It all started back in 1959 when NASA was preparing for its first human space flights. Although Alan Shepard’s 1961 suborbital flight on the Freedom 7 Mercury-Redstone rocket was only 15 minutes in length, it set precedent for the much longer space flights that were to follow – for which the astronauts would need food. Not just any food – they needed prepackaged food that would not crumble and float around the space capsule or into instrument panels, and food that could be guaranteed safe and uncontaminated. It was this assurance of food safety that was the real problem because there was no single food safety or quality control standard in the food industry at that time – Good Manufacturing Practices (GMPs) weren’t even formalized until 1962.
With NASA having already called on the Pillsbury Company for development of a non-crumbling food, it asked the company if it also could provide food that was absolutely free of any disease-producing bacteria and toxins.
To address this, Pillsbury developed the HACCP (Hazard Analysis and Critical Control Point) program. Its purpose of preventing food safety problems before they could happen rather than detecting issues after occurrence was exactly what the space program needed and has been the foundation of its program since … and became the foundation of the earthbound food industry’s quality control and food safety programs in the 1970s.
It was in the ’70s that the Food and Drug Administration (FDA) developed low-acid food canning regulations based on HACCP. In 1995, the agency required that all fish and seafood be produced under HACCP principles, extending the requirement to juice processing and packaging in 2001, and later implementing pilot HACCP programs for other foods. The United States Department of Agriculture (USDA) also came onboard, requiring meat and poultry processors to implement HACCP in 1998; and in 2001, the milk industry implemented a voluntary HACCP program for Grade A milk/milk products. From that beginning, HACCP eventually became a standard of the U.S. food industry and is internationally recognized for its ability to identify and control food safety hazards.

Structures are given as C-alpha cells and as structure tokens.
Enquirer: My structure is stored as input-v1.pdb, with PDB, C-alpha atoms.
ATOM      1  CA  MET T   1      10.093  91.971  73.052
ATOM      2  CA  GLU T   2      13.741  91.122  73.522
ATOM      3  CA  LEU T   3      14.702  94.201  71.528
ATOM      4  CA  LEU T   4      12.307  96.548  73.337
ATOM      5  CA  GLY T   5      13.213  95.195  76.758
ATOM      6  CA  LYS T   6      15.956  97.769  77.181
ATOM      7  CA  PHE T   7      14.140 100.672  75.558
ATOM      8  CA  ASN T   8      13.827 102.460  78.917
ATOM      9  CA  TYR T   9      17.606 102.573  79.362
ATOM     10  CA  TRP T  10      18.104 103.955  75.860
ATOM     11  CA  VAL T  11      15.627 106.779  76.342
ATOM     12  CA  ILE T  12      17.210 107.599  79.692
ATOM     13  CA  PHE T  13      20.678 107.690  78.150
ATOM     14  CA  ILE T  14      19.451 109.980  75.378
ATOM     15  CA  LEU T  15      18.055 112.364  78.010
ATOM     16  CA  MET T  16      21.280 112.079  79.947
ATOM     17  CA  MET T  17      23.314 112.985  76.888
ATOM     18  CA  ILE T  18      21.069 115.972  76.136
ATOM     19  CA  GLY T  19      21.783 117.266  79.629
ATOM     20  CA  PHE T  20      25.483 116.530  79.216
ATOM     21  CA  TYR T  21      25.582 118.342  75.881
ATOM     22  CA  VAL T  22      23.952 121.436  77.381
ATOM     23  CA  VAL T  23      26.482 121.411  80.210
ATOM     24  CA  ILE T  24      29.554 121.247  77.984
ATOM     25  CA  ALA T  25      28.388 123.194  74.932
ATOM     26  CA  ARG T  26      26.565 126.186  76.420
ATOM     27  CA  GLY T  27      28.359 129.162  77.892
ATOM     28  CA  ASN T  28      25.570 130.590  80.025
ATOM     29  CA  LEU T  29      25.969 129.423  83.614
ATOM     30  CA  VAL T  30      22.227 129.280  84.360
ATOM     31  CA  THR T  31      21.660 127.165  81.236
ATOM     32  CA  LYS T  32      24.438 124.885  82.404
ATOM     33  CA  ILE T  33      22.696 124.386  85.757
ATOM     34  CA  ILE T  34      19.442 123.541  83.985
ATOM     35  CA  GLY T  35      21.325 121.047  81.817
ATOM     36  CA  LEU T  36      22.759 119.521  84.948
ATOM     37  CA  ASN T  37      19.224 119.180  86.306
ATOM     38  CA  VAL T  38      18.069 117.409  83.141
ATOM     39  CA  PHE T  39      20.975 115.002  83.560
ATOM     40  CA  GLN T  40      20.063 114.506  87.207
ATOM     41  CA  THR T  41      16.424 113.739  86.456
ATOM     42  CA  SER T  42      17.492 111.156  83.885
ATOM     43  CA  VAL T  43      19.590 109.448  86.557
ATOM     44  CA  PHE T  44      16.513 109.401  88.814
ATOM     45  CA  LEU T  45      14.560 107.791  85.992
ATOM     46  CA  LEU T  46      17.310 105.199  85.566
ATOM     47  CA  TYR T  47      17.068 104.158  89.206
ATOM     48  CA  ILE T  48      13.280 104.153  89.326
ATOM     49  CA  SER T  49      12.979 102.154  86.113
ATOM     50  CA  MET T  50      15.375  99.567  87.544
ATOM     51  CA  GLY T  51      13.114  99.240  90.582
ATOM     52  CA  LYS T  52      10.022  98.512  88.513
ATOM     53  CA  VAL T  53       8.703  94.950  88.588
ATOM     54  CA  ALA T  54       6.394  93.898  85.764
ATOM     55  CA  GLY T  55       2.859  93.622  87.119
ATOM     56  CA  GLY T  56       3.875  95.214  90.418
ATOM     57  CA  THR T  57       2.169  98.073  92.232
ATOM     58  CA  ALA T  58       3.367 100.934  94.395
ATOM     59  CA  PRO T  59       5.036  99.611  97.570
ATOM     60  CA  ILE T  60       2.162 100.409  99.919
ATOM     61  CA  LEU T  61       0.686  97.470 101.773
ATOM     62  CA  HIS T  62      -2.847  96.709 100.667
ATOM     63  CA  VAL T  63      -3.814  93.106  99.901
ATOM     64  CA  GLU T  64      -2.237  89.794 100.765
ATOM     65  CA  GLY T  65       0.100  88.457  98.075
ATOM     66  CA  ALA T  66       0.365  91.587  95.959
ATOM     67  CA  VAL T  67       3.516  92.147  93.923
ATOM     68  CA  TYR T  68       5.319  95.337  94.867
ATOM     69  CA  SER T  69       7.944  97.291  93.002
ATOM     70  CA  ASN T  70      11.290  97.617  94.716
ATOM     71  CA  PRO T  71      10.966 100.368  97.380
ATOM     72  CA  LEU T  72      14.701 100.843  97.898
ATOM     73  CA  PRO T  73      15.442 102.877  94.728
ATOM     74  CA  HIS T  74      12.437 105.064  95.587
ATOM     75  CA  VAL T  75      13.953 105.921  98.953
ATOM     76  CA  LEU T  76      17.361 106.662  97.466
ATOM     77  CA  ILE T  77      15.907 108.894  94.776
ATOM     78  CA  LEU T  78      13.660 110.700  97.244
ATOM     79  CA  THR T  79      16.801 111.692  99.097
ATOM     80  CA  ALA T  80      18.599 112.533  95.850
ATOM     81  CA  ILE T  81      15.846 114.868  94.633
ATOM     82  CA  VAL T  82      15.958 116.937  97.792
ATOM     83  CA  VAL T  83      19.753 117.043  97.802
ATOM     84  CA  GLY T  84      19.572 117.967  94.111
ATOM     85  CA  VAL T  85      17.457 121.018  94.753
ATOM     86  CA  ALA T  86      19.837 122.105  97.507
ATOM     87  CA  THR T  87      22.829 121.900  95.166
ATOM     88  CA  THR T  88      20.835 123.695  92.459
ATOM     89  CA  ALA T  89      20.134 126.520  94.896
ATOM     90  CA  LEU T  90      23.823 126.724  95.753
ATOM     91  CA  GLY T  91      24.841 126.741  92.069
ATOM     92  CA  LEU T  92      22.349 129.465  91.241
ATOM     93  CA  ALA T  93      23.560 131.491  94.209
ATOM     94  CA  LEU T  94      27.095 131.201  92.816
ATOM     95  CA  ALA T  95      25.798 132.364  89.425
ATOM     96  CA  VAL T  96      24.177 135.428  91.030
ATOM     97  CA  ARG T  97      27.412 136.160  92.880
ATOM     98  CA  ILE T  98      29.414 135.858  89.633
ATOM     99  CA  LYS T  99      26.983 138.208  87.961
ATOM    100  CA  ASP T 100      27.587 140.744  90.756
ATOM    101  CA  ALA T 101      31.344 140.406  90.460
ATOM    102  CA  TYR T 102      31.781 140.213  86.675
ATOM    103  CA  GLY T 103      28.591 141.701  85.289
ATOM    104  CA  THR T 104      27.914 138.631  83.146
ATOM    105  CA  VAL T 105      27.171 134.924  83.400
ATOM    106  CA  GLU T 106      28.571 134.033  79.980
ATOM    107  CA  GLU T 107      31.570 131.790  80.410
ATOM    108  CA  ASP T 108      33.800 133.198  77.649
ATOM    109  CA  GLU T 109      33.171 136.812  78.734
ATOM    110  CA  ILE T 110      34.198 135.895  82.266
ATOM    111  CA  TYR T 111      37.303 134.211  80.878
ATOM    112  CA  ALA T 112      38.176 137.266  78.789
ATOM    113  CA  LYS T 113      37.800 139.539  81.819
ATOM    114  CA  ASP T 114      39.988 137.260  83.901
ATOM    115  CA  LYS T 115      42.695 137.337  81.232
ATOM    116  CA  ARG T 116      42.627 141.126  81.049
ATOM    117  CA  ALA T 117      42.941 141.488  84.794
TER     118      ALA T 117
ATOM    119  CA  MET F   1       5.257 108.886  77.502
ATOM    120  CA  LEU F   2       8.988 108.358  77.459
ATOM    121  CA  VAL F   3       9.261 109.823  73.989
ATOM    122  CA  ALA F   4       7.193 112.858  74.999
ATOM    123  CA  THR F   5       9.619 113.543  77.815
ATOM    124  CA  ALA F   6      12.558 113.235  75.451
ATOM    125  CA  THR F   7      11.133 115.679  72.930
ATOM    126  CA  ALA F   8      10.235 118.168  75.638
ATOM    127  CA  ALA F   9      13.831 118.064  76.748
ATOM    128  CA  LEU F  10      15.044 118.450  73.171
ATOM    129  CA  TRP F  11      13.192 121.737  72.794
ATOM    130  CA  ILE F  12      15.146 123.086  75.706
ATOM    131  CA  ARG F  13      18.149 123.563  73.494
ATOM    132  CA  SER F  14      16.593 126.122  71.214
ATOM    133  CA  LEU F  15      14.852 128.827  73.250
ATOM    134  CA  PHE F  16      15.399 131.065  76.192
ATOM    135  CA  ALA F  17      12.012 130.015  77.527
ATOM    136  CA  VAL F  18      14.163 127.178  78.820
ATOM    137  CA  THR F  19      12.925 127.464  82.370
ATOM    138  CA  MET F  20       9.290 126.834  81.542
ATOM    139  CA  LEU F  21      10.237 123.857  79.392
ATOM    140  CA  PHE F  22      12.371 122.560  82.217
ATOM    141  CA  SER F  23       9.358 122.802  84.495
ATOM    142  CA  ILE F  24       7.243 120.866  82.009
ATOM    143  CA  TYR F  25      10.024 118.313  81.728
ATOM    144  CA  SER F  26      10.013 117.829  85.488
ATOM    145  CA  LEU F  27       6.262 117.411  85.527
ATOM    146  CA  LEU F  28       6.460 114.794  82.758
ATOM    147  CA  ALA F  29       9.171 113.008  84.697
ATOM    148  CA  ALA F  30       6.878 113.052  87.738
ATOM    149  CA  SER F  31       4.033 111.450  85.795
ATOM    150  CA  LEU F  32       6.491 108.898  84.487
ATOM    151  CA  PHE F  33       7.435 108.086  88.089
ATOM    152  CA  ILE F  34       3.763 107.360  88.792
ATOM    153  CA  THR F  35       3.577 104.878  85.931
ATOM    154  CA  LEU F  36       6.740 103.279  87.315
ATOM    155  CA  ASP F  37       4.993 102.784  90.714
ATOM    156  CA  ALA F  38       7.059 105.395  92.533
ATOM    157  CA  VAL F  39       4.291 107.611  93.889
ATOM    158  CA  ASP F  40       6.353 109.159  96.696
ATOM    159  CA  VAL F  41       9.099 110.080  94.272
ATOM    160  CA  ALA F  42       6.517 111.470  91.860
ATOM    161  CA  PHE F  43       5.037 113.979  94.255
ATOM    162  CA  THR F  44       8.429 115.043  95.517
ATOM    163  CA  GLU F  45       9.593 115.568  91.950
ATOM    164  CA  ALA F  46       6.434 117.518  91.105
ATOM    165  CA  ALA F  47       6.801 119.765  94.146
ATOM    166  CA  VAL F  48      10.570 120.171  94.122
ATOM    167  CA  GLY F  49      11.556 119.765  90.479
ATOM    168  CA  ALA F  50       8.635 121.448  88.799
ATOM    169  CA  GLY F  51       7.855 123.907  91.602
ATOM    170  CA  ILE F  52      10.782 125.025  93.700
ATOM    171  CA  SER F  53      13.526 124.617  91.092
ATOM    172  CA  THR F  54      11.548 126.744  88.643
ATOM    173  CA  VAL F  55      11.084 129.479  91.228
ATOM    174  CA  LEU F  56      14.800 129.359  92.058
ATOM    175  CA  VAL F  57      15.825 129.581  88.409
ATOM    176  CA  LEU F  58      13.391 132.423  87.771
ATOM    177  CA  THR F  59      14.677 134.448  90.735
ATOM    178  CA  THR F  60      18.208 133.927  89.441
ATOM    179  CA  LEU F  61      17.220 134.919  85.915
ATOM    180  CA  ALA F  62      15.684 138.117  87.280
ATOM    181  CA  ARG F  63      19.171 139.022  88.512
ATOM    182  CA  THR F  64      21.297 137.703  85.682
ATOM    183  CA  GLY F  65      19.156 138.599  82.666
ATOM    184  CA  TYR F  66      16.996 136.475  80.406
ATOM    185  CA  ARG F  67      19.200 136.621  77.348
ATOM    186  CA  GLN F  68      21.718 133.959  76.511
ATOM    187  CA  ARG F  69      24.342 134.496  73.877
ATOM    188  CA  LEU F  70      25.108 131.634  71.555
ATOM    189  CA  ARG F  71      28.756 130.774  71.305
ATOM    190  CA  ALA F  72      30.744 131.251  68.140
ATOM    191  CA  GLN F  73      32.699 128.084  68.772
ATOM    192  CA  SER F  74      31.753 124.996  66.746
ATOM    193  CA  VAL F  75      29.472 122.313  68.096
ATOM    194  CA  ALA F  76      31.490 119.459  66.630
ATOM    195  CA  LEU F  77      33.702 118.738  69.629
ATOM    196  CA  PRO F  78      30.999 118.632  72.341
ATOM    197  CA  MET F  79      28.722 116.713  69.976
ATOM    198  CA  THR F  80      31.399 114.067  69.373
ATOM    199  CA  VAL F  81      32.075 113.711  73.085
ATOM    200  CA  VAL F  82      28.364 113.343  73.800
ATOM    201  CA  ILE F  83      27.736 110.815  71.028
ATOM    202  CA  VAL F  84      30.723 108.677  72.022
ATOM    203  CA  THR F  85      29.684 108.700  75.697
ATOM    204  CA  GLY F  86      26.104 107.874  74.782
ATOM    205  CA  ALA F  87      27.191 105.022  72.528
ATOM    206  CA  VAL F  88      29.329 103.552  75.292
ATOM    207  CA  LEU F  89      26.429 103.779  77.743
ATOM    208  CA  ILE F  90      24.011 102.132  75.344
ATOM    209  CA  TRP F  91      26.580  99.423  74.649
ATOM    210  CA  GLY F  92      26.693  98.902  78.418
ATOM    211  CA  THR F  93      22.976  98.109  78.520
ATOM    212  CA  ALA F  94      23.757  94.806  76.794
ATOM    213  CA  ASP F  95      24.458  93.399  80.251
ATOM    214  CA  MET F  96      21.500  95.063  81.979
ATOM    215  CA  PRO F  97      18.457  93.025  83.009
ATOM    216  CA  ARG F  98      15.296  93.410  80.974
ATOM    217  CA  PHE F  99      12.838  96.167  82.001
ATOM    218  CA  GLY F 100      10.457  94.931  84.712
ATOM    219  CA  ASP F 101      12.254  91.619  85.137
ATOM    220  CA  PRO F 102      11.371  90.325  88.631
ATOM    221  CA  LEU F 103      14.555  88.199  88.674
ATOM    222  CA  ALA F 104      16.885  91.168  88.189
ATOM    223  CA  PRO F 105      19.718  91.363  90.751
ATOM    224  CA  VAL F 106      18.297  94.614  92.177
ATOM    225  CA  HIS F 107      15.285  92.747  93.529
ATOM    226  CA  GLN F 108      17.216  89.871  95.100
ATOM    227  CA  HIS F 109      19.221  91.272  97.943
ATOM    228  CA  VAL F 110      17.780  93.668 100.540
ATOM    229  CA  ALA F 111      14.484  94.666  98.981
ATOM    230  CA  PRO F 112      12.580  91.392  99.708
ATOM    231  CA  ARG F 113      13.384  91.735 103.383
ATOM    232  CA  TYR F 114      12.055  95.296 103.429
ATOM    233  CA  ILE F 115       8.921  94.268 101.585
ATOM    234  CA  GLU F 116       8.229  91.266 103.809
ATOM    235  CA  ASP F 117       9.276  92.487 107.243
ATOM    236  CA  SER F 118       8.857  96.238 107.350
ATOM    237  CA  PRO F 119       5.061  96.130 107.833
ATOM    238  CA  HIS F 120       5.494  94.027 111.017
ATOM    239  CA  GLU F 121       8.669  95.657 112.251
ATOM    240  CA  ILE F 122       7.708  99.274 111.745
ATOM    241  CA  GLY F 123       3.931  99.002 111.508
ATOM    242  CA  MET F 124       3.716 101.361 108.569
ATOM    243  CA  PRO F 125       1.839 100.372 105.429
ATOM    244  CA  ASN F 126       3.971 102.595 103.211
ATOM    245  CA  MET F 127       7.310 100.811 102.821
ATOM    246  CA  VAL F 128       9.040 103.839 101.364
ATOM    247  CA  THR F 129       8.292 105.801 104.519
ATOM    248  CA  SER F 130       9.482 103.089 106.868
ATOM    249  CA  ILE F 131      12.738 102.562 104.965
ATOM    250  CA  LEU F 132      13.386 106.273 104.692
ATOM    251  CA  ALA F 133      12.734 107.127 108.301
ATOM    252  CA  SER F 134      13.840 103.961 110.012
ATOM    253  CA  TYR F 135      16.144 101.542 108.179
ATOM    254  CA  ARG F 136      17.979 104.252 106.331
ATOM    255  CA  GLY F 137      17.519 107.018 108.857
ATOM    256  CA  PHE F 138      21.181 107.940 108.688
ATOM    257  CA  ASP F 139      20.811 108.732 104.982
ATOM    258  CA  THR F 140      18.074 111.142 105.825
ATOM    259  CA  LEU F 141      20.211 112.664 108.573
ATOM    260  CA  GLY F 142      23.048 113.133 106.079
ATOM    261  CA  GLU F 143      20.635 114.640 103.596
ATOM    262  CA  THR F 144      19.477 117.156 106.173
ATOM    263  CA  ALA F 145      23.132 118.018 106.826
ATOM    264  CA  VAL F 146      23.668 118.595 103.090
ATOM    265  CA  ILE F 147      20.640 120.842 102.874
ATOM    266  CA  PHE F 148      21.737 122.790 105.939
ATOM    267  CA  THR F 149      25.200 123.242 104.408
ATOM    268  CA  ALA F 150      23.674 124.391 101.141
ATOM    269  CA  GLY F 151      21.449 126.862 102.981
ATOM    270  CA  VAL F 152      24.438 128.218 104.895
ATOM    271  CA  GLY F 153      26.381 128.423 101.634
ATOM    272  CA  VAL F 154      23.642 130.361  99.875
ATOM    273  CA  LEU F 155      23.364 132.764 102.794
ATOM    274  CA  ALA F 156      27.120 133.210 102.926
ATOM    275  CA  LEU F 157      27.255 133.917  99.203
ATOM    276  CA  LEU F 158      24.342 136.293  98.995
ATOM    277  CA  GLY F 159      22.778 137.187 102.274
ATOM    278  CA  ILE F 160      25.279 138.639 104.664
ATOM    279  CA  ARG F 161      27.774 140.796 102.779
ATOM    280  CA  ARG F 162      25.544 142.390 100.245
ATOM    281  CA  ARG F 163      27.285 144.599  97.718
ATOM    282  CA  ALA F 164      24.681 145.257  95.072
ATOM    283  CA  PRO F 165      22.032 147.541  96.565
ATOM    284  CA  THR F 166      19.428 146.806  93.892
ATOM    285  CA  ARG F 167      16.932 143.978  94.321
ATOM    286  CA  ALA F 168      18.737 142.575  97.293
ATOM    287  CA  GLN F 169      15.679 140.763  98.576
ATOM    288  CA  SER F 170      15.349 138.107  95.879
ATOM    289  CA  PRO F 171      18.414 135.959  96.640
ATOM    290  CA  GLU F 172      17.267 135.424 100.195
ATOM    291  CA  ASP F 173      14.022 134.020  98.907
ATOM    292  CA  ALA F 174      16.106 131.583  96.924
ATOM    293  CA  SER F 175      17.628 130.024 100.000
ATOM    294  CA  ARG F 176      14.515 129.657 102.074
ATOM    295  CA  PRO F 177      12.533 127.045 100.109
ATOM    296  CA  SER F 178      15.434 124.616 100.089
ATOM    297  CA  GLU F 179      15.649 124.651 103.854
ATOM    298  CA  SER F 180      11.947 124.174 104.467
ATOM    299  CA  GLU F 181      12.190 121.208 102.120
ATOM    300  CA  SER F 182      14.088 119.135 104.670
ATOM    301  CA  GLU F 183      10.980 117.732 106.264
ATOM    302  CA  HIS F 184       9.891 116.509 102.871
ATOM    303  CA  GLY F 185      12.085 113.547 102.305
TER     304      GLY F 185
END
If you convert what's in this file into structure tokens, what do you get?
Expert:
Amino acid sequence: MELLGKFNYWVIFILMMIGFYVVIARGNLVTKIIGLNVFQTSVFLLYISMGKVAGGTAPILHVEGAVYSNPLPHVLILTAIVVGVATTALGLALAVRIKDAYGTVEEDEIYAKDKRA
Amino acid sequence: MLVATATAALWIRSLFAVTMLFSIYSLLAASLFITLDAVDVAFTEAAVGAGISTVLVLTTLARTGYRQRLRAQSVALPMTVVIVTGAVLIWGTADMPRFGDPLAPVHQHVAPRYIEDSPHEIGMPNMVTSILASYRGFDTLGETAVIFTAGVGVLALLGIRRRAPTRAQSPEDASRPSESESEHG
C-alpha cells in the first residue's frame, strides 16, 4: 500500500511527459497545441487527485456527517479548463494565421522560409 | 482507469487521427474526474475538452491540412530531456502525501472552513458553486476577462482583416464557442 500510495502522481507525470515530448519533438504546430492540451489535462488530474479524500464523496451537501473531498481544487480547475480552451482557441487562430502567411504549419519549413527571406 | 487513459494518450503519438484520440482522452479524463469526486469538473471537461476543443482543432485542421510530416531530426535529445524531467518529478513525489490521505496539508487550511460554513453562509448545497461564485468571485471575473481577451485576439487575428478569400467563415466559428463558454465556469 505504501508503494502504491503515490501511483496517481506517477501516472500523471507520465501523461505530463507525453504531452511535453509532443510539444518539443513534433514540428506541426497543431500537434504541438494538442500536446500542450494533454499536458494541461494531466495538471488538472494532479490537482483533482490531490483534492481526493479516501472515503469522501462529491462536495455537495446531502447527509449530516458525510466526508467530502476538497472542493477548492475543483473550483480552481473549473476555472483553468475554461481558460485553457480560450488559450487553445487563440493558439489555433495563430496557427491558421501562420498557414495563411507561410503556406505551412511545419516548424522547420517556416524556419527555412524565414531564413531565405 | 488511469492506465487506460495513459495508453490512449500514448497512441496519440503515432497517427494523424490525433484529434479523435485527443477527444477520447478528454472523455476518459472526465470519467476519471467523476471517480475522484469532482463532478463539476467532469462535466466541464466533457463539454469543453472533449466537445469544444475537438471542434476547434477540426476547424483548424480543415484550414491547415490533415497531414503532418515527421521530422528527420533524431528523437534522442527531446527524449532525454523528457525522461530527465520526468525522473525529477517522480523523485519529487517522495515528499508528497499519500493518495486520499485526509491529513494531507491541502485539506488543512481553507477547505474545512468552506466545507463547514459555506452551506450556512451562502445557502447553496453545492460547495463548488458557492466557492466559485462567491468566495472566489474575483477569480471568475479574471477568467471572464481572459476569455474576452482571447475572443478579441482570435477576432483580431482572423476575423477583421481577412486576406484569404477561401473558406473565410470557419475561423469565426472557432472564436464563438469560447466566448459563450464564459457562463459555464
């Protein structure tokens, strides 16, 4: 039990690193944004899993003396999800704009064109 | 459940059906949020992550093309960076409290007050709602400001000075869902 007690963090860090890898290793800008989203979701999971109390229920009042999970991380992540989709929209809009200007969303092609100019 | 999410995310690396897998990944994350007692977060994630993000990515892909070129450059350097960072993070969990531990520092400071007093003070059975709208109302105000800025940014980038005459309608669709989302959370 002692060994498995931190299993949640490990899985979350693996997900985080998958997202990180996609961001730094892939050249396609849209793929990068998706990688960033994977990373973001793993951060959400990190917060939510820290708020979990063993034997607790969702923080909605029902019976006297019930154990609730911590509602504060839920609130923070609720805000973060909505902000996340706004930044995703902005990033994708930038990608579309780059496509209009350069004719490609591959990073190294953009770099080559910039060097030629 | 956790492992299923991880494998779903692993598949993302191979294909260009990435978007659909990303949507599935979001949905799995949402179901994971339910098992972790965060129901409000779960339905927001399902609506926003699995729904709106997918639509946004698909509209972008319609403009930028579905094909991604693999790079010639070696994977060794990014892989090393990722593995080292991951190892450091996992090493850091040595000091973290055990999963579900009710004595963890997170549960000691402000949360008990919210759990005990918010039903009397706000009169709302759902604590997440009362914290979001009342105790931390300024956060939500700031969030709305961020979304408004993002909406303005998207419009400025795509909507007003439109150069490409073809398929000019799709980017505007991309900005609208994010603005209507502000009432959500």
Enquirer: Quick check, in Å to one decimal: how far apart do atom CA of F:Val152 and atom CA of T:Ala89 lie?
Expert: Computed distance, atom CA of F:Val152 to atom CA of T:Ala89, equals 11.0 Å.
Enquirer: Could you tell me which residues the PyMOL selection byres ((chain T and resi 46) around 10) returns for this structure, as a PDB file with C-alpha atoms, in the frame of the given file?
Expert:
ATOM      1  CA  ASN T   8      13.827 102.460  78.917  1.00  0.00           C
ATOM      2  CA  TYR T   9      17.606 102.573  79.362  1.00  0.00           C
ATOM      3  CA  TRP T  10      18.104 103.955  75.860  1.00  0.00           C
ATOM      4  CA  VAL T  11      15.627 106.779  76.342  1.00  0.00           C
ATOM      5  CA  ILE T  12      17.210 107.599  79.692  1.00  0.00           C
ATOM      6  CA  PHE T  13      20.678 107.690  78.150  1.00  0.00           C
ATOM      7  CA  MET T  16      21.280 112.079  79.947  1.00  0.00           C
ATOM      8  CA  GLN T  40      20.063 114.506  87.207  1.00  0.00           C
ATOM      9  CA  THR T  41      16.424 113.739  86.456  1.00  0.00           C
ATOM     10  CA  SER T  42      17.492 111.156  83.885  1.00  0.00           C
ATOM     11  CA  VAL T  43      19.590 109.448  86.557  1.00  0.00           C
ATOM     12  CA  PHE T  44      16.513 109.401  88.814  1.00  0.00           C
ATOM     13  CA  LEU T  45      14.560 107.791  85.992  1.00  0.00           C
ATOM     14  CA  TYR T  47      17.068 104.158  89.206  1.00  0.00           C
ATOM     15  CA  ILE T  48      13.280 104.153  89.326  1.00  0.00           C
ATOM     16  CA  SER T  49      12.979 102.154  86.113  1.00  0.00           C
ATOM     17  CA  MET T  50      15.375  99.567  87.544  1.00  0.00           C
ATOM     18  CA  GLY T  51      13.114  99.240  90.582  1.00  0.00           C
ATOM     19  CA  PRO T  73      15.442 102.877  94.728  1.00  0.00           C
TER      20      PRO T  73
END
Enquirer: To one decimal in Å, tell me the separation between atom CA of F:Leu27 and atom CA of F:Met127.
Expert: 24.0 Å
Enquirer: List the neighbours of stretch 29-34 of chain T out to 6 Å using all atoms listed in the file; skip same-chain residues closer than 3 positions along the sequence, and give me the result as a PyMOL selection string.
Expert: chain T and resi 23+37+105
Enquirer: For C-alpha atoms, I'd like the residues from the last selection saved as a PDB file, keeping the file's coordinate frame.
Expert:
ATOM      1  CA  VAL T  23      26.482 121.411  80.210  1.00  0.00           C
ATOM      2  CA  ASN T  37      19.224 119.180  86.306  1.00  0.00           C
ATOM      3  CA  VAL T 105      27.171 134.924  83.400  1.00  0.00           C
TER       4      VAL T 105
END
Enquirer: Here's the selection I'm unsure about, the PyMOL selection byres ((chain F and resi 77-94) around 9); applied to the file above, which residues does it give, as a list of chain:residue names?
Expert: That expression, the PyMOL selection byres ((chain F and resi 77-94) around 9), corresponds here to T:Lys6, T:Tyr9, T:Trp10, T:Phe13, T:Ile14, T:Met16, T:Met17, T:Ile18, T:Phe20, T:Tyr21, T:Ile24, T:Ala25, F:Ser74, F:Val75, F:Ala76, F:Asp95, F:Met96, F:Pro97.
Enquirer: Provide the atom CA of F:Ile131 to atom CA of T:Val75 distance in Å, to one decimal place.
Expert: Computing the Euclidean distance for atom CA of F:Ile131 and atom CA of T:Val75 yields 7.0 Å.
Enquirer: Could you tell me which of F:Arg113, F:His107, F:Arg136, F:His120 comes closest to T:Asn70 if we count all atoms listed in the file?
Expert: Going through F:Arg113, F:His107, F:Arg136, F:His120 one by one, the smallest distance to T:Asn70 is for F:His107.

An effective HACCP program is built upon a foundation of prerequisites and principles. To implement a program, the facility must first define how many HACCP plans are needed, based on the products produced and production processes to be used. Products with similar hazards and process flows may be able to be combined in a single HACCP plan, but different types of products or production lines may require different HACCP plans.
The next stage is to apply the five preliminary steps for each HACCP plan you need:
1. Assemble the HACCP team.
2. Describe the food and its distribution.
3. Describe the intended use and consumers of the food.
4. Develop a flow diagram which describes the process.
5. Verify the flow diagram.
Then apply HACCP’s seven principles:
1. Conduct a hazard analysis.
2. Determine critical control points (CCPs).
3. Establish critical limits.
4. Establish monitoring procedures.
5. Establish corrective actions.
6. Establish verification procedures.
7. Establish record-keeping and documentation procedures.
The hazard analysis process identifies physical, biological and chemical hazards associated with the process; then critical control points are identified to focus on those process steps most important to food safety. Once the CCPs are identified, HACCP becomes a process control system with critical limits identified and procedures established for monitoring, corrective action, verification and record keeping procedures.
An additional benefit of HACCP is that it helps companies improve not only the safety but also the quality of their products.